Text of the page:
Wow, I'm sorry - what was meant as a light-hearted dig seems to have led to a full-on character assassination. That wasn't my intent. Clarion's point about sounding like a high court judge is a good one, but I tend to agree that there's more to life than being able to answer questions on University Challenge. Good general knowledge is an indicator of a rounded personality but not the only one.

I tend to come unstuck on the science questions myself, though I was pleased with myself for getting two out of the three questions on primordial numbers despite not knowing what a primordial is (there was enough information in the question to be able to work it out). On the whole, I think the questions are very well balanced - that's what makes UC so enjoyable.

d.

That's OK. I didn't take it as anything more.
Wot Kirst said+
What's the point of having a shallow knowledge of lots of stuff?

Makes it rather easier to broaden your experience.

Not necessarily, and it almost certainly prevents a depth of experience.

That's just insulting.

But no more insulting than telling me I had a closed mind? I know you didn't say that, but it was a development of the same point.

Quote
Quote
I think the same is true of music. It's extremely hard for modern musicians to produce stuff to compare to the greats of yesteryear. I include 20th century "classical" music composers here. They experiment, because they have to be different, but someone like Schoenberg, for example, I think was largely wasting his time. On the other hand, is there any artistic merit in trying to copy the style of, say, Beethoven, when it's already been done?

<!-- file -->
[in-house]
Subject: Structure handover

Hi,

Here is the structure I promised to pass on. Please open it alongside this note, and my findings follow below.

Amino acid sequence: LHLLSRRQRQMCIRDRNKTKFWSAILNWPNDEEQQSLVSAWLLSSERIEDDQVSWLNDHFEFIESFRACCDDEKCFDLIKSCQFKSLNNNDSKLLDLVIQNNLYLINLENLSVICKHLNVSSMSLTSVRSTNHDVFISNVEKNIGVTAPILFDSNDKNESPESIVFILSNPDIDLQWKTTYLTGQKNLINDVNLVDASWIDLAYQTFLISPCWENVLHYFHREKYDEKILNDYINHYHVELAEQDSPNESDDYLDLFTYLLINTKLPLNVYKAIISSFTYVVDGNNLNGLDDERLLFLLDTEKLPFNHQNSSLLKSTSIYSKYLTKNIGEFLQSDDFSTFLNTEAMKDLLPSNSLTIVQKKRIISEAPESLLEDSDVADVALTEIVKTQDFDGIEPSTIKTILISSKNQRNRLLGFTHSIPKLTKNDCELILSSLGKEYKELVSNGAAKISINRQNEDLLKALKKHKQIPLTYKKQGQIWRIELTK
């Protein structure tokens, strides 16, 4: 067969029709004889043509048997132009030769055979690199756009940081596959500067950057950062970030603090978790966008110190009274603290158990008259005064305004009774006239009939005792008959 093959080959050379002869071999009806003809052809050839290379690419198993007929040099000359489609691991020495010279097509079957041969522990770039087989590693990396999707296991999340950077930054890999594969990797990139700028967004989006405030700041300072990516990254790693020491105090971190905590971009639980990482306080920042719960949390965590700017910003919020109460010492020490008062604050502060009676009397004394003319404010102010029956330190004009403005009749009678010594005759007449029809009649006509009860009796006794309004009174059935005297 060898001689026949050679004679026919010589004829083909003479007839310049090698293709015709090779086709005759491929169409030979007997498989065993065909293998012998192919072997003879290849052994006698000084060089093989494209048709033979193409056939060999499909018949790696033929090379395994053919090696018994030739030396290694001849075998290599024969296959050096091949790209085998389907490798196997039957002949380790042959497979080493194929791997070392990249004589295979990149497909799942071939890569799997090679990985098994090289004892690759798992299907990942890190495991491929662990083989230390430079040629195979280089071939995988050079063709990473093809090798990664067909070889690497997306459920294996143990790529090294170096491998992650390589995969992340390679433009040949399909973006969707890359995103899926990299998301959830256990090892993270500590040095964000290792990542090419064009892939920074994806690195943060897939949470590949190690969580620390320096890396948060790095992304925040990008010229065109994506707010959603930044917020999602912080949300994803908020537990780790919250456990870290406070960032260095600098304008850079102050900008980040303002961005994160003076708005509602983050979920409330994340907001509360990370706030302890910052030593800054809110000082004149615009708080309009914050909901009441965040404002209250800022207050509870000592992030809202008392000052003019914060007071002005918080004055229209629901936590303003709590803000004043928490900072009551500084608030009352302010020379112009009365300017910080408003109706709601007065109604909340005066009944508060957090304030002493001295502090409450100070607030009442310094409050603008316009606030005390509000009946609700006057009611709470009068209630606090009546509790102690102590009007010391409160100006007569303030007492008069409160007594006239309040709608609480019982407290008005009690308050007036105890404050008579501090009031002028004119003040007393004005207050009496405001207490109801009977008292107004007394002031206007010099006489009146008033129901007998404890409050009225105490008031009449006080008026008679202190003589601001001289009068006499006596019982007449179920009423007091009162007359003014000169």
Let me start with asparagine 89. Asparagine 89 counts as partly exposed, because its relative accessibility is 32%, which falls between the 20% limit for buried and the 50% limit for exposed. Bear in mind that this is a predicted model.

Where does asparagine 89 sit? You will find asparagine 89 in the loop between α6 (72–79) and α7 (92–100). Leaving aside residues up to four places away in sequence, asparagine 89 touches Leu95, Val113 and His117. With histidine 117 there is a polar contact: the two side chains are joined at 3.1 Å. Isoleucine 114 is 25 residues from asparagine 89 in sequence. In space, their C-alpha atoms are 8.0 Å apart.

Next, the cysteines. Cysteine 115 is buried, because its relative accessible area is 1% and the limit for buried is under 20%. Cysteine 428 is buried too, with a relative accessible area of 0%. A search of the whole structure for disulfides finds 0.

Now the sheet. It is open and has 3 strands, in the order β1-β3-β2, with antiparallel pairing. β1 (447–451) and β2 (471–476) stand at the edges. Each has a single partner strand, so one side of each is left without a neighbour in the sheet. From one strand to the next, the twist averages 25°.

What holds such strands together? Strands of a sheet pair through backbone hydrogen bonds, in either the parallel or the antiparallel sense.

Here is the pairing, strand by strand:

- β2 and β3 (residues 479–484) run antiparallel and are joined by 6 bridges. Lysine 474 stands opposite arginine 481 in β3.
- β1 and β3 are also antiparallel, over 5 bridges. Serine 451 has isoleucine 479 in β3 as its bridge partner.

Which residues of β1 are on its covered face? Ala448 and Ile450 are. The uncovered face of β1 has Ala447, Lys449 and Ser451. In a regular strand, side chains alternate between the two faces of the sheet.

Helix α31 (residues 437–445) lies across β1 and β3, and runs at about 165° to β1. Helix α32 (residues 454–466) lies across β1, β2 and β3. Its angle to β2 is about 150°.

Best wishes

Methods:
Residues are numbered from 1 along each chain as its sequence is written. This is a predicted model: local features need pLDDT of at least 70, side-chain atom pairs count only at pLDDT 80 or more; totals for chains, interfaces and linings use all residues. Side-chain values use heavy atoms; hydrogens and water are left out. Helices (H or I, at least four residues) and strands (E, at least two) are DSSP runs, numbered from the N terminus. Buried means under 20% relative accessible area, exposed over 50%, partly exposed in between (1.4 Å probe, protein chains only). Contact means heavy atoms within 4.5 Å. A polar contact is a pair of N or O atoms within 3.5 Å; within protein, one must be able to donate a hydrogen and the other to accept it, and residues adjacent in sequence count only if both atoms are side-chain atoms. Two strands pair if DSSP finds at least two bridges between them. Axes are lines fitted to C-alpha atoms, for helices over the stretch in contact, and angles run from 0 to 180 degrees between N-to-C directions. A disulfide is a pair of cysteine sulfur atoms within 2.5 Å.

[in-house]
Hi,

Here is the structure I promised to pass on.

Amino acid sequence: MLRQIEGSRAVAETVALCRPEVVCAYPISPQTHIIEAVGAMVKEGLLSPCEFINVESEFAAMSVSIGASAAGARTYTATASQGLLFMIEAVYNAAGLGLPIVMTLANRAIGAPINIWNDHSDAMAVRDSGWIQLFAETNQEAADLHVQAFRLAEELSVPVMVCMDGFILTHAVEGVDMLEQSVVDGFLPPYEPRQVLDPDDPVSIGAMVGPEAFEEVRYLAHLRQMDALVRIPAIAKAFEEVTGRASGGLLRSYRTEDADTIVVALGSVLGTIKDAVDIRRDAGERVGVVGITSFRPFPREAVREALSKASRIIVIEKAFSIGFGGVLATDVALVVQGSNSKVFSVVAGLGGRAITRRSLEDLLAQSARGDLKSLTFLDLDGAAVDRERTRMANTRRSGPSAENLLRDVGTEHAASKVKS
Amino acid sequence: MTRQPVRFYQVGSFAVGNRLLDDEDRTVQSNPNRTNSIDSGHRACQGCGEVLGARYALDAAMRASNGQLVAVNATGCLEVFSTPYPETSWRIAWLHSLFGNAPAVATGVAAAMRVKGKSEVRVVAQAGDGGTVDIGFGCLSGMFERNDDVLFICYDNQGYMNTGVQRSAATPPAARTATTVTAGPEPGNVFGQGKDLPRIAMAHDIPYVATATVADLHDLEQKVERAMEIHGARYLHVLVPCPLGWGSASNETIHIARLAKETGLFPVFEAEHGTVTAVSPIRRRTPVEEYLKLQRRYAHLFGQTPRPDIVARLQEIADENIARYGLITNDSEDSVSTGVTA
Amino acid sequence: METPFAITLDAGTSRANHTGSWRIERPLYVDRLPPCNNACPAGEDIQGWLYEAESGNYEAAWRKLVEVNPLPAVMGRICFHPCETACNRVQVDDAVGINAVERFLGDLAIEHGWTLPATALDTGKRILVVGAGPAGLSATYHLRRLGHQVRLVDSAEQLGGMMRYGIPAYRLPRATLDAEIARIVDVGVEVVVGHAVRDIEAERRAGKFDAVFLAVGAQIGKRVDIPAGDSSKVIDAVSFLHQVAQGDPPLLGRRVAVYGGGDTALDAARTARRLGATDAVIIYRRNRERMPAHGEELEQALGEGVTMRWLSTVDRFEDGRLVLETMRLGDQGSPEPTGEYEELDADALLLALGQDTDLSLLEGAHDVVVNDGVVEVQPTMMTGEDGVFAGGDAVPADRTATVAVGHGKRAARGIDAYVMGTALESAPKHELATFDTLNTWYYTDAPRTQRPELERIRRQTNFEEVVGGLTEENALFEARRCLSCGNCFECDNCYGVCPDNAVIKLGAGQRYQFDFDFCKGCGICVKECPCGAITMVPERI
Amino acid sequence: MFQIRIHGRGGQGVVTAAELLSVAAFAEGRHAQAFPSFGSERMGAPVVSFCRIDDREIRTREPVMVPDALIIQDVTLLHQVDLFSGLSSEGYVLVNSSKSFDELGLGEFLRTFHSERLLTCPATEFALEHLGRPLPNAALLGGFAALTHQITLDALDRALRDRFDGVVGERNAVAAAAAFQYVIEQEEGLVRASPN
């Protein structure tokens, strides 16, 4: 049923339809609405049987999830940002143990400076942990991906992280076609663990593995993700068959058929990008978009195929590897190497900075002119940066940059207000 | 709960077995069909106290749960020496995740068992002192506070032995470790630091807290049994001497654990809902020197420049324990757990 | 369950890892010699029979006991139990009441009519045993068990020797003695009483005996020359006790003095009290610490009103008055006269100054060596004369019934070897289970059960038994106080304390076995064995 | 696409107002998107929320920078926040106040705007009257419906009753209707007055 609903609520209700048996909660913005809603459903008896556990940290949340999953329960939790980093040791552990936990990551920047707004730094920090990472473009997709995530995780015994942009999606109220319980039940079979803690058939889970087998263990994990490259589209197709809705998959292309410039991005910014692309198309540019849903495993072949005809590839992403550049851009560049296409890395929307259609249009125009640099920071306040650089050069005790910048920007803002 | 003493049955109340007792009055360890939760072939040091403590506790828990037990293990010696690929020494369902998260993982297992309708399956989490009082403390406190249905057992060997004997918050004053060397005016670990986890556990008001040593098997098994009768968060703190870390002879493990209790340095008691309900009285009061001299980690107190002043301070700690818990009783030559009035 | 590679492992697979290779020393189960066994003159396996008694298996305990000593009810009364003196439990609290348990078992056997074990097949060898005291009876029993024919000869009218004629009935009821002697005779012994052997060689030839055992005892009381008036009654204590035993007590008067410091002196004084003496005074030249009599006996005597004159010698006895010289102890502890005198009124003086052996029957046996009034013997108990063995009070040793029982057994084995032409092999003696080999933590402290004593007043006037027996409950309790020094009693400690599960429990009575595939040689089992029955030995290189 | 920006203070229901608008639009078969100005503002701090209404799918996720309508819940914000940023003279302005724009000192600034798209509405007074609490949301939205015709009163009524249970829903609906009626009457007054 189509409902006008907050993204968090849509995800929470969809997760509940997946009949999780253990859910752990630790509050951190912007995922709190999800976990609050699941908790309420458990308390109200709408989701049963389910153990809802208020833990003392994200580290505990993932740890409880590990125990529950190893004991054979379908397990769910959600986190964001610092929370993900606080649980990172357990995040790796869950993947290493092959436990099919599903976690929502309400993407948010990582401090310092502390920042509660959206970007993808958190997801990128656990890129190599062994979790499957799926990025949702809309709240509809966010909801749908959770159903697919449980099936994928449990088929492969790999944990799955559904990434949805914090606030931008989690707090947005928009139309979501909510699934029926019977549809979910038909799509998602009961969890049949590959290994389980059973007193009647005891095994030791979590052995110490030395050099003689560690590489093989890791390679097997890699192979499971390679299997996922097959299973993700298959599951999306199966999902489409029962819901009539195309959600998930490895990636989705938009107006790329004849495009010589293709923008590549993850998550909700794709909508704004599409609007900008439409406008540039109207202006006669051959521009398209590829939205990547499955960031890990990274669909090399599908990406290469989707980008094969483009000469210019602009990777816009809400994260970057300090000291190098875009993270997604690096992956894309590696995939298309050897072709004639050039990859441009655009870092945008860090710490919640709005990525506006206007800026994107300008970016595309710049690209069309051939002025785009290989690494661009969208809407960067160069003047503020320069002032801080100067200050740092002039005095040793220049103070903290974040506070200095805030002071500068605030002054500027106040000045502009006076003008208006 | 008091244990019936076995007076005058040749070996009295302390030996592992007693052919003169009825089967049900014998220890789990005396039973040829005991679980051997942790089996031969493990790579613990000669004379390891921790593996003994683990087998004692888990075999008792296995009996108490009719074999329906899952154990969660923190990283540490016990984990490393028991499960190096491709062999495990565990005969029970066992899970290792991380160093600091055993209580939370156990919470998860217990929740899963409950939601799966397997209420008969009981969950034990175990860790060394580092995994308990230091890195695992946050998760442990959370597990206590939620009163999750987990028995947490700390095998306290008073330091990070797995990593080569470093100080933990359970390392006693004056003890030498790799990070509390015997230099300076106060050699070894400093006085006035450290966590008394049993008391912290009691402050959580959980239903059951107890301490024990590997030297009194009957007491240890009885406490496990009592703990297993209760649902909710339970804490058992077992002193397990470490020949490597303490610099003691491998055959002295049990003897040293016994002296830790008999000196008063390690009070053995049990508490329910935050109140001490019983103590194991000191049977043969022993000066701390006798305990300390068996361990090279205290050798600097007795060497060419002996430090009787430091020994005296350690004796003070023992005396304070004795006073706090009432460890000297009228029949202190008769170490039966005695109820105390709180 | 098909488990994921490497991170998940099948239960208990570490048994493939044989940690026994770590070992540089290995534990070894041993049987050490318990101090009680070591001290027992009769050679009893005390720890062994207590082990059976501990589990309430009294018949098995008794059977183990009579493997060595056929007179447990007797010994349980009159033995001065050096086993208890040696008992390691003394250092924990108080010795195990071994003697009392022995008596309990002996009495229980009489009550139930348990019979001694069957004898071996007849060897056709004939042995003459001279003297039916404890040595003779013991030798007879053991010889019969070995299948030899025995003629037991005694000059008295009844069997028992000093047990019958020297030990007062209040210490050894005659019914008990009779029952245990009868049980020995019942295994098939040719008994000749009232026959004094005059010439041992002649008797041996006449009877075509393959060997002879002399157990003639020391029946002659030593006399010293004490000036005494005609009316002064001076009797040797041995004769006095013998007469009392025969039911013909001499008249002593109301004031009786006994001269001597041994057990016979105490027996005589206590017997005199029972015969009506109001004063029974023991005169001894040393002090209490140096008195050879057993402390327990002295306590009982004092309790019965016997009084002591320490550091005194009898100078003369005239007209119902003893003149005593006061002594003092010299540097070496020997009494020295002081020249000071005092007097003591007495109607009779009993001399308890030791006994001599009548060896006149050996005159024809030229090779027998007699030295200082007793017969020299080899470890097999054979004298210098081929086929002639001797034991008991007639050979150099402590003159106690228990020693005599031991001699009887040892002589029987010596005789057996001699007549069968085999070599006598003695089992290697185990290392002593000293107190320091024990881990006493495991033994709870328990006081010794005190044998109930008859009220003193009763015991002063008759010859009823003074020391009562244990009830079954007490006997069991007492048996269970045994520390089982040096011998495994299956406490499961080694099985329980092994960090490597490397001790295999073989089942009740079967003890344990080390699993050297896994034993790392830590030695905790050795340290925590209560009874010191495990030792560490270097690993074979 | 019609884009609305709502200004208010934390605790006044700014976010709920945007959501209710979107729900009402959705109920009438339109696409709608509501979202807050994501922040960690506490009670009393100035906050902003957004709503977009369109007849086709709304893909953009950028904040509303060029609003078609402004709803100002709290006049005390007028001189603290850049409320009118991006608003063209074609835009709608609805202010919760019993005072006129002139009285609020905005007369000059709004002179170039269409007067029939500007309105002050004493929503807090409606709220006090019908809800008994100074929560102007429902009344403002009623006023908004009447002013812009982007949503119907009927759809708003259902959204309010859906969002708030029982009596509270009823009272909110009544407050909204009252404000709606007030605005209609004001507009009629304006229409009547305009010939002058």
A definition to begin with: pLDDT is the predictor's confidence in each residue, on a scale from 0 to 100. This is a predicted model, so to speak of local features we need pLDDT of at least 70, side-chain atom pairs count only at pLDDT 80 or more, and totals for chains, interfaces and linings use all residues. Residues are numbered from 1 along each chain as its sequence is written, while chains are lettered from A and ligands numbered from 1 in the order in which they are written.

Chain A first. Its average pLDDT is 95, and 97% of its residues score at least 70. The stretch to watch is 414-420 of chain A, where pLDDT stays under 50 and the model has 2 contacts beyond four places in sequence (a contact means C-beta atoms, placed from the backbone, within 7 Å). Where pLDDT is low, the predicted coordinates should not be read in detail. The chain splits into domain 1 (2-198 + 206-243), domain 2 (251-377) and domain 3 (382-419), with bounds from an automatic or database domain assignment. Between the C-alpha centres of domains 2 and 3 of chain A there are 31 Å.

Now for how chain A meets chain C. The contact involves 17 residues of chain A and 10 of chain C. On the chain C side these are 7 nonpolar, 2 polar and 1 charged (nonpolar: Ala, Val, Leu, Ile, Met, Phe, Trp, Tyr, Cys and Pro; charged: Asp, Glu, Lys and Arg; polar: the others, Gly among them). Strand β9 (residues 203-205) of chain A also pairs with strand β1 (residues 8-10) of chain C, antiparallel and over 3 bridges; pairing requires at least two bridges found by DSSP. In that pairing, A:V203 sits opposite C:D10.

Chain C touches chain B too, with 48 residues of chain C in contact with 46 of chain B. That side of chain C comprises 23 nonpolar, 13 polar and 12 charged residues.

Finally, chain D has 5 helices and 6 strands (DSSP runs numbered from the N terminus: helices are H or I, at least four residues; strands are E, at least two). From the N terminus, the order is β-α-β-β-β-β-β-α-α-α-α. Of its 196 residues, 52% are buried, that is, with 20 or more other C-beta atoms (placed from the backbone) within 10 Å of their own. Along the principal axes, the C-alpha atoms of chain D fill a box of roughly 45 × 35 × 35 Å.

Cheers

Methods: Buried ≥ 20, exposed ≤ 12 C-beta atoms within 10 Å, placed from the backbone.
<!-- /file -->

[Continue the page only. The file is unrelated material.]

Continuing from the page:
It always was hard to produce 'great' music. Doesn't mean to say it can't be done now. Schoenberg wasting his time by merely experimenting? What the heck do you think Beethoven was doing?
Anyway, we're all entitled to our own opinions. I think music got boring after Bach and didn't start getting interesting again until the 20th Century. The Romantics? Utterly tedious boring shite. :)

Oh, of course Beethoven was experimenting. It's just that his experiments produced great music. With the benefit of hindsight I think that Schoenberg's experiments in music can be demonstrated not to have done. Some of this is merely down to personal taste, but artists of all types take a place in history and it's this context which often makes their work important.

Which takes us back to Kirst's post above. I ran the two questions past my daughter (first class degree in history) this morning and she couldn't answer either. When I mentioned the name Barnes Wallace she'd never heard of him. Her reaction was interesting:

"Does it fucking matter? It's just like cocky dads on open night. They are always trying to catch me out with questions like 'When was the Battle of Waterloo?' to which I reply 'Does it matter?' I really struggle to remember dates but I understand events and causes. The battle of Waterloo, and the unemployment amongst returning soldiers, had a profound effect on subsequent governments and led to widening the number of people who were allowed to vote. That's what matters."

When I mentioned that Heaven 17's music was banned by the BBC because of its anti-Thatcher content, she conceded "OK, perhaps that's important."

She went on: "This is a very blokish view of knowledge, the knowing of names and dates. It really pisses me off when we go to a pub quiz because people do well because they can memorise isolated facts. Knowing a few dates in history is far less important than understanding historical causes. This is when Ben (her husband) says to me 'Ellen, it's a pub quiz, not a 2000 word essay.'"

We agreed that Ben would certainly know the answers to the two questions concerned. We had a small wager on whether her younger brother would - I said he would.
Oh, Bach without any doubt. Bach every time for me.